A version of this appears on National Journal’s Energy Insiders blog.

You wouldn’t know it because it still costs you more than the GDP of Burundi to fill up your Ford F150 at the pump, but the US is awash in crude oil. We’re producing so much fracking oil in places like Bakken and Eagle Ford that by 2015 no other country on Earth will produce more oil than us. I call it the Sarah Palin Effect, after the Vice-Presidential Candidate’s rousing chants of “Drill Baby Drill” on the 2008 campaign trail. The takeaway from Palin’s mantra was the more oil America drills, the lower the prices we pay for gasoline.

exportsObama’s Cabinet is embracing Palin’s Petroleum Plan with gusto, but with a twist: “Export Baby Export”. His Energy Secretary, Dr. Ernest Moniz (who looks like he stepped off the set of American Hustle), cribbed from her notes when he recently told reporters that the 39-year-old ban on exporting American-Made oil is outdated. I can still hear the popping of Big Oil’s champagne corks, because lifting the ban on crude oil exports will mean two things: higher gasoline prices for US drivers, and fatter profits for oil companies.

First, we need to understand why Palin’s Petroleum Proliferation hasn’t resulted in dramatically lower gasoline prices (gasoline prices during Obama’s Oil Boom have actually increased 54% since 2009). Global oil infrastructure makes it relatively easy to physically deliver the commodity in most parts of the planet, so there are generally prevailing universal benchmark prices. As a result, Wall Street traders price oil based on global events and trends, and right now they’re chasing Chinese demand rather than bulging US production. That’s because as America approaches the title of The Planet’s Largest Producer, it’s still only a puddle in the sea of global supply and demand. Even if we open all federal onshore and offshore areas to new drilling, it will have an “insignificant” impact on gasoline prices.

Ending the four-decade-strong ban on exporting US produced oil will raise prices for households and small businesses. While the domestic oil glut isn’t moving global benchmark prices, it is keeping US gasoline prices down a tad, as the excess capacity means it’s cheaper for US refiners to access select US landlocked crude (Light Louisiana Sweet, Mars and Bakken Clearbook) and turn it into useful products like gasoline. But these savings are being offset by record exports of refined petroleum products, which are exempt from the export ban. Because the ban only applies to crude oil, there’s no restrictions on exporting refined petroleum products, which is why they are now the largest physical export in the US economy, as we’re exporting more than 3 million barrels of refined petroleum like gasoline and diesel every day. A Public Citizen analysis finds that, absent increased exports of refined gasoline, average U.S. gasoline prices over the past year would have been as much as 3.5% lower. We predict that if the oil can be exported without first refining it, we will likely see a higher rate of exports, and a bigger price increase for American motorists. So if the millions of barrels of American oil were now free to be sold outside our borders, our refiners will be competing with China for our oil, and we’ll see prices increase.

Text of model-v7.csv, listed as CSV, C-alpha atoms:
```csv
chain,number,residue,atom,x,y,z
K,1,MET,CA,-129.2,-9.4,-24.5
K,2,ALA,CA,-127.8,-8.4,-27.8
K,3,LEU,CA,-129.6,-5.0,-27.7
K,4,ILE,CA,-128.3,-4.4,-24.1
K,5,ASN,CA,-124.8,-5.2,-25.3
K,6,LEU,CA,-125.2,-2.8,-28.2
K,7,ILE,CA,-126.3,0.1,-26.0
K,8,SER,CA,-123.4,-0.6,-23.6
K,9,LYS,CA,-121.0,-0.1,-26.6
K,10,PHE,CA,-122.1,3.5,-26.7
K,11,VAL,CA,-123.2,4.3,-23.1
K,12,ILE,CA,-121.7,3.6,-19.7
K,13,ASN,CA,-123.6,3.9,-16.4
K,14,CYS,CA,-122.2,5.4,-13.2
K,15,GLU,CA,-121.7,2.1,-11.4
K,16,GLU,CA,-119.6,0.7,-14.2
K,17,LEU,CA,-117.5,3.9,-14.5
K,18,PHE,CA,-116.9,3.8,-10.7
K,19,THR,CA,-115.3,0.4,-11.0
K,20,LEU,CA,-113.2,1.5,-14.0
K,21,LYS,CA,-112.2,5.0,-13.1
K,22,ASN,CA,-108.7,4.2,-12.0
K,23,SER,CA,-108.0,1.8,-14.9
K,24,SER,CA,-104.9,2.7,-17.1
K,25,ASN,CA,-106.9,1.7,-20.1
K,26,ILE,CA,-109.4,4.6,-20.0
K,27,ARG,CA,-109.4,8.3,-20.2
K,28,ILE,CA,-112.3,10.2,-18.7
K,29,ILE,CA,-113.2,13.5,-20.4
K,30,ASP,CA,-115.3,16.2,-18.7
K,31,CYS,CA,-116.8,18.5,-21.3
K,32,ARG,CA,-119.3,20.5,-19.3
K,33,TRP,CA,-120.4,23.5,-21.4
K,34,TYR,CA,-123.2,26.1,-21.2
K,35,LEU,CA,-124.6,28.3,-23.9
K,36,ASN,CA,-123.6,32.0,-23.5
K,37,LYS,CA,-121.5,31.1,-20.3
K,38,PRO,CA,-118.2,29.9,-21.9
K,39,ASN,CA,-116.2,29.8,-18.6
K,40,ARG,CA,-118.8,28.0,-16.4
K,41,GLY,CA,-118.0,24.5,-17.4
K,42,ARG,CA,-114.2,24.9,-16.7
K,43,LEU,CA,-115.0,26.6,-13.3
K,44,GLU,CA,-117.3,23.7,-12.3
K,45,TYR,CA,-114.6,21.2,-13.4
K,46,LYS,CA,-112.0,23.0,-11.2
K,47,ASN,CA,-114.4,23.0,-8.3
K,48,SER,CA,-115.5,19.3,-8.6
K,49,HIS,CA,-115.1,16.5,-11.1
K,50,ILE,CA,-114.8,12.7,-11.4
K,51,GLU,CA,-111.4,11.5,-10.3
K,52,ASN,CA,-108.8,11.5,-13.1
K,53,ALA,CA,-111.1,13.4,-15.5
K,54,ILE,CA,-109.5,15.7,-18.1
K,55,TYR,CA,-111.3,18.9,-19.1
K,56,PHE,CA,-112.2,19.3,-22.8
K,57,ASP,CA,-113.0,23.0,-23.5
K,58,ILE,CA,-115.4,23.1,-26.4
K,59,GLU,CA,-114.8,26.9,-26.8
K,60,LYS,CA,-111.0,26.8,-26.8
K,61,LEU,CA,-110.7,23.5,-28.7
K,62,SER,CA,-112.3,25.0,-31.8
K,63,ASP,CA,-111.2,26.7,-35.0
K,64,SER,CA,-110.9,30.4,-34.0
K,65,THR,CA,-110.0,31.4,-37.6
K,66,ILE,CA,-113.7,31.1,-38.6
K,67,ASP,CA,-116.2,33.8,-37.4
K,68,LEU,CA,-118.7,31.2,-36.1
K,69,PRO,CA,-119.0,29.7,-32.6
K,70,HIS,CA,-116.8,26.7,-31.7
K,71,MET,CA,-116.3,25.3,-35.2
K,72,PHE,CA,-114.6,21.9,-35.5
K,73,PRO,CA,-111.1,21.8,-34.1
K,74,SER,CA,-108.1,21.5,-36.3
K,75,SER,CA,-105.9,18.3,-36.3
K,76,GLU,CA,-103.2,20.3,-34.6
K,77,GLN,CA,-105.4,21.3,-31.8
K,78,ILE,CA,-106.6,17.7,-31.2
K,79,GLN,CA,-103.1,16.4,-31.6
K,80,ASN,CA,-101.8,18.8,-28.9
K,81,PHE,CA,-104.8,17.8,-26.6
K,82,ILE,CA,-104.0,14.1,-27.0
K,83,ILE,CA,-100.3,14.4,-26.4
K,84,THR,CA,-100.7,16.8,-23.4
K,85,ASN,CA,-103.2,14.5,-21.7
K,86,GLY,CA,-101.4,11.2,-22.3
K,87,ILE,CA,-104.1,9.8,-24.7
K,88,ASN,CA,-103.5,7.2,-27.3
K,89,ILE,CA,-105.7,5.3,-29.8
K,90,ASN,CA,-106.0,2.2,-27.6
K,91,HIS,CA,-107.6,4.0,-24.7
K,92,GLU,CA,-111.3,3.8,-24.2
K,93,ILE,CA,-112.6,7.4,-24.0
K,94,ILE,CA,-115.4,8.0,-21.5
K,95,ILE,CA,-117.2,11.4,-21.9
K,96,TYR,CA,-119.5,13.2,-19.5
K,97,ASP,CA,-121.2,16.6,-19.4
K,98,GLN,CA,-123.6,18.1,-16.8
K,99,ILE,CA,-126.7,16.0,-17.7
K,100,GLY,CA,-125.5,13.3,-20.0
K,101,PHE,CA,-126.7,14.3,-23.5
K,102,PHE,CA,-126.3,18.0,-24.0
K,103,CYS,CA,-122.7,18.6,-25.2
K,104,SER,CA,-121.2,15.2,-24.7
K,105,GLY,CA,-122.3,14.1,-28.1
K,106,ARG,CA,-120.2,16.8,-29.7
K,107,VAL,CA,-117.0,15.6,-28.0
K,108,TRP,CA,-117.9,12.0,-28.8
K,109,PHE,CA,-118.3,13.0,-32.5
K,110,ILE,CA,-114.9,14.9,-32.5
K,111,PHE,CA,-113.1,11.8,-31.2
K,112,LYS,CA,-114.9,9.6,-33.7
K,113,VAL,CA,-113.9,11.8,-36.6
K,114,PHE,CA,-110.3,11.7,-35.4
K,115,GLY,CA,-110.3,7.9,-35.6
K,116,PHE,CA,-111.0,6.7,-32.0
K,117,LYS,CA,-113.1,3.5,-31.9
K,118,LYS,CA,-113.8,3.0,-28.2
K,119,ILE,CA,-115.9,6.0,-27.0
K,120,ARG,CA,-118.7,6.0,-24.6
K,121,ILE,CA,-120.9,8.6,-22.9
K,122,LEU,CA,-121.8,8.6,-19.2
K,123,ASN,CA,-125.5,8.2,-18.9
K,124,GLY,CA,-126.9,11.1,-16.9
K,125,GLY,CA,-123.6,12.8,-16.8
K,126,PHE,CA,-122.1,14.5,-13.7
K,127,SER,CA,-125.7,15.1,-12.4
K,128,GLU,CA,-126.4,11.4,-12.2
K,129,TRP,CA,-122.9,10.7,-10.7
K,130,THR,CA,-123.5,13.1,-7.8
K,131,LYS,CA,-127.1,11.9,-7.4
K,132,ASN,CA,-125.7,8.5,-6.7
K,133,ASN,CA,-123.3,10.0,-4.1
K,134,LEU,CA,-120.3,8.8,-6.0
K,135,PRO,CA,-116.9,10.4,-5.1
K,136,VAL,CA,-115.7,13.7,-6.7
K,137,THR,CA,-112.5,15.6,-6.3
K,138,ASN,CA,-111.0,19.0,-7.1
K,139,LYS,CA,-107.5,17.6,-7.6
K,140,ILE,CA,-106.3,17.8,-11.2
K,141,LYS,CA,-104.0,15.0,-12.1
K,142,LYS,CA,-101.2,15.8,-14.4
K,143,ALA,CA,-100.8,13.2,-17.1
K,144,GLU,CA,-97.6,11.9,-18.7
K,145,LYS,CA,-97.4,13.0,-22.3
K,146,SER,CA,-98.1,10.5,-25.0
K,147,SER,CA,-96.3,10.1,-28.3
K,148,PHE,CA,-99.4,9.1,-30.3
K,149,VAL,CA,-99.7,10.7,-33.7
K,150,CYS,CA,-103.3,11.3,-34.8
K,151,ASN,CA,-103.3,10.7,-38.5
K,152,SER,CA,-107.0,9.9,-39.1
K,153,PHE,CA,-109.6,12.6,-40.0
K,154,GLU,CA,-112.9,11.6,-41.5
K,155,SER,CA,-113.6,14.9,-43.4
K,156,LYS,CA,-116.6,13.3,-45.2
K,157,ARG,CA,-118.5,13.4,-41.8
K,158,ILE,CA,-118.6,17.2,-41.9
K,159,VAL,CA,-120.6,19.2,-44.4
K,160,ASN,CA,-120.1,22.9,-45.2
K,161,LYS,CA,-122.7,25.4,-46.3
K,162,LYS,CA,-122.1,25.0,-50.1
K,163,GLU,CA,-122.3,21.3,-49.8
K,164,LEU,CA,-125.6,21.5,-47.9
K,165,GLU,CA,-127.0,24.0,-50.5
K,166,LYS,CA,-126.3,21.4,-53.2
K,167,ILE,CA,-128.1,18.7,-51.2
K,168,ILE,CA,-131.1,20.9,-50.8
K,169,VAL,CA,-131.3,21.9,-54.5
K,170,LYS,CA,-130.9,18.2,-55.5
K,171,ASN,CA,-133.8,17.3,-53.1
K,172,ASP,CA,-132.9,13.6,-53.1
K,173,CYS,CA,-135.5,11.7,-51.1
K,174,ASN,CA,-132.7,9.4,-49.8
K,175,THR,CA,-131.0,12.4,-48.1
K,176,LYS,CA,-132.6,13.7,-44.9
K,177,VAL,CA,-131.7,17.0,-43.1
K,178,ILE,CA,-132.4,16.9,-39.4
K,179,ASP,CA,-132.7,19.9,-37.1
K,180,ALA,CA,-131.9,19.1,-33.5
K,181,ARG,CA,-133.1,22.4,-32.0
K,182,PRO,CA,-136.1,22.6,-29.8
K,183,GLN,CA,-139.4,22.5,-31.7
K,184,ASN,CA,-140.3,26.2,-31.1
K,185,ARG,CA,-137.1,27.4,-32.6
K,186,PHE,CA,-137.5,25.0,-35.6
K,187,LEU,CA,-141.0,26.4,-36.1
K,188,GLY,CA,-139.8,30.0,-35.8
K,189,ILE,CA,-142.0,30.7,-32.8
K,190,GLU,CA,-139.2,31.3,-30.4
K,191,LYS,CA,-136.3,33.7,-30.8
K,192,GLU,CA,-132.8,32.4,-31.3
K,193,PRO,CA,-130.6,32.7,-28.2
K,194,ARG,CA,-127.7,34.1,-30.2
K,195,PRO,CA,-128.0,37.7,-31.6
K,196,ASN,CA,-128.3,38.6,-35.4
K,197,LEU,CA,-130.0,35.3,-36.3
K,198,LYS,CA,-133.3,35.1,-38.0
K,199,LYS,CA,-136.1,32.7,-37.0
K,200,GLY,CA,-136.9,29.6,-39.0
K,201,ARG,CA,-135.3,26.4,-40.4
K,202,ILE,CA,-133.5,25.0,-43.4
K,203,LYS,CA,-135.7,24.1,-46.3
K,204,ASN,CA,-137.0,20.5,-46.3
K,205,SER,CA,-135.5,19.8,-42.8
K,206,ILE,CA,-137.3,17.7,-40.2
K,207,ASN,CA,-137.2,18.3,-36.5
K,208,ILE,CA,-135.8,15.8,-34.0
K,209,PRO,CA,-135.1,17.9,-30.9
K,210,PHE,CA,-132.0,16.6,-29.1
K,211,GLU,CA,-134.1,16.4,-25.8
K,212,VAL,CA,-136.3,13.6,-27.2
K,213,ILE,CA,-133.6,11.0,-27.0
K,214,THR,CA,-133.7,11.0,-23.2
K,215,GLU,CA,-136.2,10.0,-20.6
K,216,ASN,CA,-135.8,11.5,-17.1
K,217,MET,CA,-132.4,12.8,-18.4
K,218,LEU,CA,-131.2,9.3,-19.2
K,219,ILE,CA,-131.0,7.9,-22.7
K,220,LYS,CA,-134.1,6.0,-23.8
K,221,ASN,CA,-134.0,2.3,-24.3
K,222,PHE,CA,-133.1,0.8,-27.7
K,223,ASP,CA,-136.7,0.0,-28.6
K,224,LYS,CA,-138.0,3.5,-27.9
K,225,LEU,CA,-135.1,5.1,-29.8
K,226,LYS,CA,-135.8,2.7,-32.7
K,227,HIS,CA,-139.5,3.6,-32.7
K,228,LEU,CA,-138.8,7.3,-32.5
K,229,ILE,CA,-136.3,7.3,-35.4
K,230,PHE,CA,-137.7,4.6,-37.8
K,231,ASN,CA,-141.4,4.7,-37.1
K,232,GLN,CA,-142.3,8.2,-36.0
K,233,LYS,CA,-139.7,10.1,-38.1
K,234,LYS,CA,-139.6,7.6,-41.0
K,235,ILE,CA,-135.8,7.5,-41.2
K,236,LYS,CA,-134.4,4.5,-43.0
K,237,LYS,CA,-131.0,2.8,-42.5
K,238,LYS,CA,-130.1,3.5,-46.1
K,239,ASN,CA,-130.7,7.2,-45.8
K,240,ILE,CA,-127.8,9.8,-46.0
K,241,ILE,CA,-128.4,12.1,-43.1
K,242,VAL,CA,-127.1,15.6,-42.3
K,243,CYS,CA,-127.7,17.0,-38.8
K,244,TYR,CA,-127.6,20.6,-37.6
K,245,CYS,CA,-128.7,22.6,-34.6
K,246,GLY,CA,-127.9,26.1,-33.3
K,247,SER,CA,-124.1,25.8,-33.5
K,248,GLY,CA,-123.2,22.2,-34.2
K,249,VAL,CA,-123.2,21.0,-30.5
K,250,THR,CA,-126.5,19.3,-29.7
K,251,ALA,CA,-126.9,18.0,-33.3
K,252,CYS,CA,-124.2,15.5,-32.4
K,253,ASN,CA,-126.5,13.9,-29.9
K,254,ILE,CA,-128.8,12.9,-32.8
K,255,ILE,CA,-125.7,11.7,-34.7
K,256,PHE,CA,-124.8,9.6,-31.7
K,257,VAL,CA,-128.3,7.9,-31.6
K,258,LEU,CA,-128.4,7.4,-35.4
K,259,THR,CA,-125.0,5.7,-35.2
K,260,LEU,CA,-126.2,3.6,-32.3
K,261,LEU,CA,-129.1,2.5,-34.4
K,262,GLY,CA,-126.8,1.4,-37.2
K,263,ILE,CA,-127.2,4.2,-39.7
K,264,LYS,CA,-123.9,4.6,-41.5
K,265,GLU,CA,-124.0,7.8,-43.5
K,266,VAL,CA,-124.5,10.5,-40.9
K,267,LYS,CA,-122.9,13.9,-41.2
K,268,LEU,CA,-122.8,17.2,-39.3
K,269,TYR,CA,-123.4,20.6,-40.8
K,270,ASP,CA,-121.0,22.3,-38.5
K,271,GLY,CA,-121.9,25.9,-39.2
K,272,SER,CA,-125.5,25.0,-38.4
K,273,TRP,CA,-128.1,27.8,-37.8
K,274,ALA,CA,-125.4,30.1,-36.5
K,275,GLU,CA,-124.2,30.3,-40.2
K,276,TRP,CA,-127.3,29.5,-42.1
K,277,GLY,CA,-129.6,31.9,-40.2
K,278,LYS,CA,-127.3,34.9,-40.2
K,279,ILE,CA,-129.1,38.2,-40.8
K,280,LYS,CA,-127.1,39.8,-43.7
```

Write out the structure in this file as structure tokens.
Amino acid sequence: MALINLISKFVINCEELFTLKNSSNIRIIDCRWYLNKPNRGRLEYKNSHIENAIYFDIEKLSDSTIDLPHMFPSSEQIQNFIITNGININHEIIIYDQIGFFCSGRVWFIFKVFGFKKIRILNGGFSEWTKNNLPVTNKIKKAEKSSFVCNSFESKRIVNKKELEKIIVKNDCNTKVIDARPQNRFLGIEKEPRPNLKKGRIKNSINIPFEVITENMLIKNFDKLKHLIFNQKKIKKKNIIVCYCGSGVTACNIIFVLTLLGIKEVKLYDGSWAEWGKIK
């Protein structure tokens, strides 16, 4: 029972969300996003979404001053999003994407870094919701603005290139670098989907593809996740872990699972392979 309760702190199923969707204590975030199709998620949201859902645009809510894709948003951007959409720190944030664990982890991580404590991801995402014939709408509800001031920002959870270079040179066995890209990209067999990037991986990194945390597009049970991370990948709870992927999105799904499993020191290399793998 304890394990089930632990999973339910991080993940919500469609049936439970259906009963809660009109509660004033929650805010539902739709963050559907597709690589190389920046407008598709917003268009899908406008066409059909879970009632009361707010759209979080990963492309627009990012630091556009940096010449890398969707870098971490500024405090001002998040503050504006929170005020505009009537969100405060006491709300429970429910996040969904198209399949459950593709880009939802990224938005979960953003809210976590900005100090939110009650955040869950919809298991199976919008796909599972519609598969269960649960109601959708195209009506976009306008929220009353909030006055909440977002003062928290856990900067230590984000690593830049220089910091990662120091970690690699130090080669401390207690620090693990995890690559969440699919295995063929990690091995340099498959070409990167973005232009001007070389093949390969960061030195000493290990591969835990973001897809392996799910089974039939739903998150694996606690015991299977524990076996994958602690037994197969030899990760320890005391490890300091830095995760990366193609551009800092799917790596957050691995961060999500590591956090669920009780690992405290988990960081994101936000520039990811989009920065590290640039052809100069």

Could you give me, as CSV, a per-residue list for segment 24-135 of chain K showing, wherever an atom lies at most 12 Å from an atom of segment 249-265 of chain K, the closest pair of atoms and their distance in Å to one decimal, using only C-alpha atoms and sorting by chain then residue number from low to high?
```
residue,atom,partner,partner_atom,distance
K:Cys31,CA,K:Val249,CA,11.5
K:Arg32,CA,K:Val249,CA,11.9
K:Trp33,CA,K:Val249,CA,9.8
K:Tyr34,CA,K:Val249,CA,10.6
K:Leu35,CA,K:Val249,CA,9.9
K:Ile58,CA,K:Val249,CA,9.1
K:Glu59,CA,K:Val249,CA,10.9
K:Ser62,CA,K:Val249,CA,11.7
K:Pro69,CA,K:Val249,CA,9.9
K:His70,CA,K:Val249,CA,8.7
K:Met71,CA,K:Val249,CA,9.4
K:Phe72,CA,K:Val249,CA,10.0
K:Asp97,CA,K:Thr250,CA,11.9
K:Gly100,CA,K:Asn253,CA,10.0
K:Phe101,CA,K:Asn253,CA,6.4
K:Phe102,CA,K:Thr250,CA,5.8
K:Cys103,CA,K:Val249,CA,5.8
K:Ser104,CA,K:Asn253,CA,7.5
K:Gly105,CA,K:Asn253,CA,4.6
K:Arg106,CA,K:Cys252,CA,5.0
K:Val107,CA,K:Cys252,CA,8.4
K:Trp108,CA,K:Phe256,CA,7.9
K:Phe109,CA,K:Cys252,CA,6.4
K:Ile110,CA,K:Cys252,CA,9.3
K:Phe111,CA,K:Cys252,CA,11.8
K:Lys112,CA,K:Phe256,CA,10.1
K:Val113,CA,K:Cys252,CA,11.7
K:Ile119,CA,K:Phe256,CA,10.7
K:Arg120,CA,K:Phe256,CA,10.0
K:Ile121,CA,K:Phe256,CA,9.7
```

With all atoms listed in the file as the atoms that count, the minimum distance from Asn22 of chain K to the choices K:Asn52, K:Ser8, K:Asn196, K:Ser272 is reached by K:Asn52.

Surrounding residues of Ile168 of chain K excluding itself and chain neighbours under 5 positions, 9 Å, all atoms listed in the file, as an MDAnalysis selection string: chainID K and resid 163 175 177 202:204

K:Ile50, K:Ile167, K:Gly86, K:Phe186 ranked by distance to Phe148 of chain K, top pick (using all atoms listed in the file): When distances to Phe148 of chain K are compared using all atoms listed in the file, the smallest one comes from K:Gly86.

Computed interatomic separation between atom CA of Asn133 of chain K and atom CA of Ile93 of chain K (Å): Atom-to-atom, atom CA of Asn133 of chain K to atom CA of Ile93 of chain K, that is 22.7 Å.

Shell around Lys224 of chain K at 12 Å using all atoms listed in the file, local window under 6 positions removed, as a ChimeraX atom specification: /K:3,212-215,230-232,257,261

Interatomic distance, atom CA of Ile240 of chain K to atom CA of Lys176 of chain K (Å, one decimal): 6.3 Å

So why would ObamaPalin support overturning a law that protects consumers? Because Big Oil’s influence on our political system is extreme: their lobby arm, the American Petroleum Institute, spends more than $200 million annually to influence how Americans think about energy policy, and companies like Exxon and Shell are spending even more to do the same.

Exporting fracked oil, or opening millions of new acres to drilling in our oceans and in our federal parks won’t produce enough extra oil to lower global prices, but the additional hundreds of thousands of barrels of daily production will mean huge profits to the companies extracting it. And central to their strategy is moving this oil out of America and into more lucrative global markets. But what’s good for Big Oil isn’t OK for households and small businesses, as there will be a net job loss from exports, with any additional oil jobs trumped by losses incurred by non-oil businesses, both large and small, due to higher gasoline prices.

Sarah Palin’s – whoops I mean President Obama’s – focus on oil is ultimately misguided. As our current domestic oil boom painfully illustrates, the US cannot produce its way to affordable gasoline, because the underlying commodity price is set by factors outside our borders. As long as we remained tethered to oil, we won’t be able to deliver affordable or sustainable energy for our families. Renewable energy, energy efficiency, the electrification of the transportation sector and other investments in a sustainable energy infrastructure are the only options.

NA-BZ765_OILEXP_G_20140122181803Tyson Slocum is Director of Public Citizen’s Energy Program. Follow him on Twitter @TysonSlocum